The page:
Notably, the commentary to this canon states that a judge’s name may be used on an organization’s letterhead for fundraising and membership solicitation, provided the letterhead “lists only the judge’s name and office or other position in the organization, and, if comparable designations are listed for other persons, the judge’s judicial designation.” However, a judge is barred from directly soliciting funds for such an organization. Fla. Code Jud. Conduct, Canon 4D(2)(a) (barring direct solicitation except that a judge may solicit funds from other judges over whom the judge does not exercise supervisory or appellate authority); Fla. JEAC Op. 09-15 (opining that video interview of judge could not be used by legal services organization because it amounted to a direct solicitation).

In amending the Code of Judicial Conduct in 2008, the Supreme Court noted that it sought to “encourage meaningful judicial participation in law-related activities.” In re Amendments to the Code of Judicial Conduct—Limitations on Judges’ Participation in Fundraising Activities, 983 So. 2d 550, 552 (Fla. 2008). Since those amendments, we have repeatedly noted Canon 4 still prohibits direct solicitation of funds. See Fla. JEAC Op. 15-05 (barring judge from personally soliciting participation in bar association fundraiser); Fla. JEAC Op. 14-15 (allowing judge to sit on non-profit board unrelated to legal activity as long as the judge did not personally participate in solicitation of funds); Fla. JEAC Op. 14-07 (noting Canon 4D(2)(b)’s ban on “personally or directly participating in the solicitation of funds”); Fla. JEAC Op. 12-04 (prohibiting judge from directly soliciting donations from voluntary bar associations).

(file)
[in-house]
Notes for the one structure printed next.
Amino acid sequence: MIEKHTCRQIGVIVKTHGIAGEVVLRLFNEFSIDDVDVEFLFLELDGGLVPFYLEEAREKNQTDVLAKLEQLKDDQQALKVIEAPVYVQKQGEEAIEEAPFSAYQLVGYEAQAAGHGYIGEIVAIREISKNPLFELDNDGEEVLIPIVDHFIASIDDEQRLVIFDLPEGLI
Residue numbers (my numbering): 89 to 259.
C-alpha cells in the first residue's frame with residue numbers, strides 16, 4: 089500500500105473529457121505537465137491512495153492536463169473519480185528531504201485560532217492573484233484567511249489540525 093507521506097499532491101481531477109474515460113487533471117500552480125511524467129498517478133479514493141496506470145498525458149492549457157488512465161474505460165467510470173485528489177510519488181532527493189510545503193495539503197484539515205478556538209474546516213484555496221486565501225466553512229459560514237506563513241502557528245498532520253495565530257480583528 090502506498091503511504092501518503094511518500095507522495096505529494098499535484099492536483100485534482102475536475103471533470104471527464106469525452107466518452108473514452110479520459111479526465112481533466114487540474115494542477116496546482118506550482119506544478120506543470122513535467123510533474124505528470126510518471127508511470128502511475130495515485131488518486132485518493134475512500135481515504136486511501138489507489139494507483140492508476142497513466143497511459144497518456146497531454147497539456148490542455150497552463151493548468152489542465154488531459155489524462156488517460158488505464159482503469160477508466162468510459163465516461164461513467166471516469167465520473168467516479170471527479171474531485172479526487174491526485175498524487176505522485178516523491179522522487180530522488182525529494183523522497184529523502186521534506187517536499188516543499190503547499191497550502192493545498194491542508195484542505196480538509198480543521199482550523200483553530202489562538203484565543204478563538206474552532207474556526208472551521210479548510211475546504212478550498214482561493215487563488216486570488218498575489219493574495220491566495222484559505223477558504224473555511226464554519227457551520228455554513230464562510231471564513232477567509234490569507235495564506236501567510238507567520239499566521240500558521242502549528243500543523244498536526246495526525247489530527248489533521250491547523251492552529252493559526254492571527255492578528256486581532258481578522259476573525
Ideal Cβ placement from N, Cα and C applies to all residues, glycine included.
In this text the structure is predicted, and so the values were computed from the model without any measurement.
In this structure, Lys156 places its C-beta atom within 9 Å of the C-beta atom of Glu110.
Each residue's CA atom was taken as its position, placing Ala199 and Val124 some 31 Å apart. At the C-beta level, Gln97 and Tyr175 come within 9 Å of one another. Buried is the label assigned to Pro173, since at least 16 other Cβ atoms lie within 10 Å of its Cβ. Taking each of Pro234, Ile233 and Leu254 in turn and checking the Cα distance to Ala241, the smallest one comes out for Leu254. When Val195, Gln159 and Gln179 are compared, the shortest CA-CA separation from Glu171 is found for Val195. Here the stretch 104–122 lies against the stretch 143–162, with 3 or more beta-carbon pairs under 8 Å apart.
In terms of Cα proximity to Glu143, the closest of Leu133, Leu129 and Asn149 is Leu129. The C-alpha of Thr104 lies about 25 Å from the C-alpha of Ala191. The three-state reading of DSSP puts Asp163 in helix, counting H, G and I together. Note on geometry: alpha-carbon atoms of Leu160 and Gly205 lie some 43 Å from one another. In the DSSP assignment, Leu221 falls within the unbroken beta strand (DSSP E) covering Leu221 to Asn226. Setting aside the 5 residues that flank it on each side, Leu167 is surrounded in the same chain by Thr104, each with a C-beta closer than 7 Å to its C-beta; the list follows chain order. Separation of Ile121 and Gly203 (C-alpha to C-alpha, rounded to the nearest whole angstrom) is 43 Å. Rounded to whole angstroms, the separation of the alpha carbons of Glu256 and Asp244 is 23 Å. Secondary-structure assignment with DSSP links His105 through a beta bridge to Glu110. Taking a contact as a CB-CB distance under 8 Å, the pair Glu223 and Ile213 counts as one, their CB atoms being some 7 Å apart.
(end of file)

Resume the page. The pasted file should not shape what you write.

Of course, it remains the inquiring judge’s responsibility to ensure that the judge’s actions comply with the remainder of Canon 4, particularly Canon 4A(1)-(6). Additionally, Canon 4D(2)(b) requires that the inquiring judge’s participation in the fundraising event not cast doubt on the judge’s capacity to act impartially as a judge. Fla. JEAC Op. 08-17.

We note, as we did in Opinion 08-17, that it is crucial for the inquiring judge to “make extensive and comprehensive inquiries to those person(s) responsible for the fundraising event and those person(s) who are intimately knowledgeable about the current mission of the organization to determine if the criteria set forth in Canon 4D(2)(b) are met. The JEAC also urges judges to determine that the money collected from the fund-raising event is used for law-related purposes as required by Canon 4D(2)(b) and not commingled in an account used for other purposes.” Id.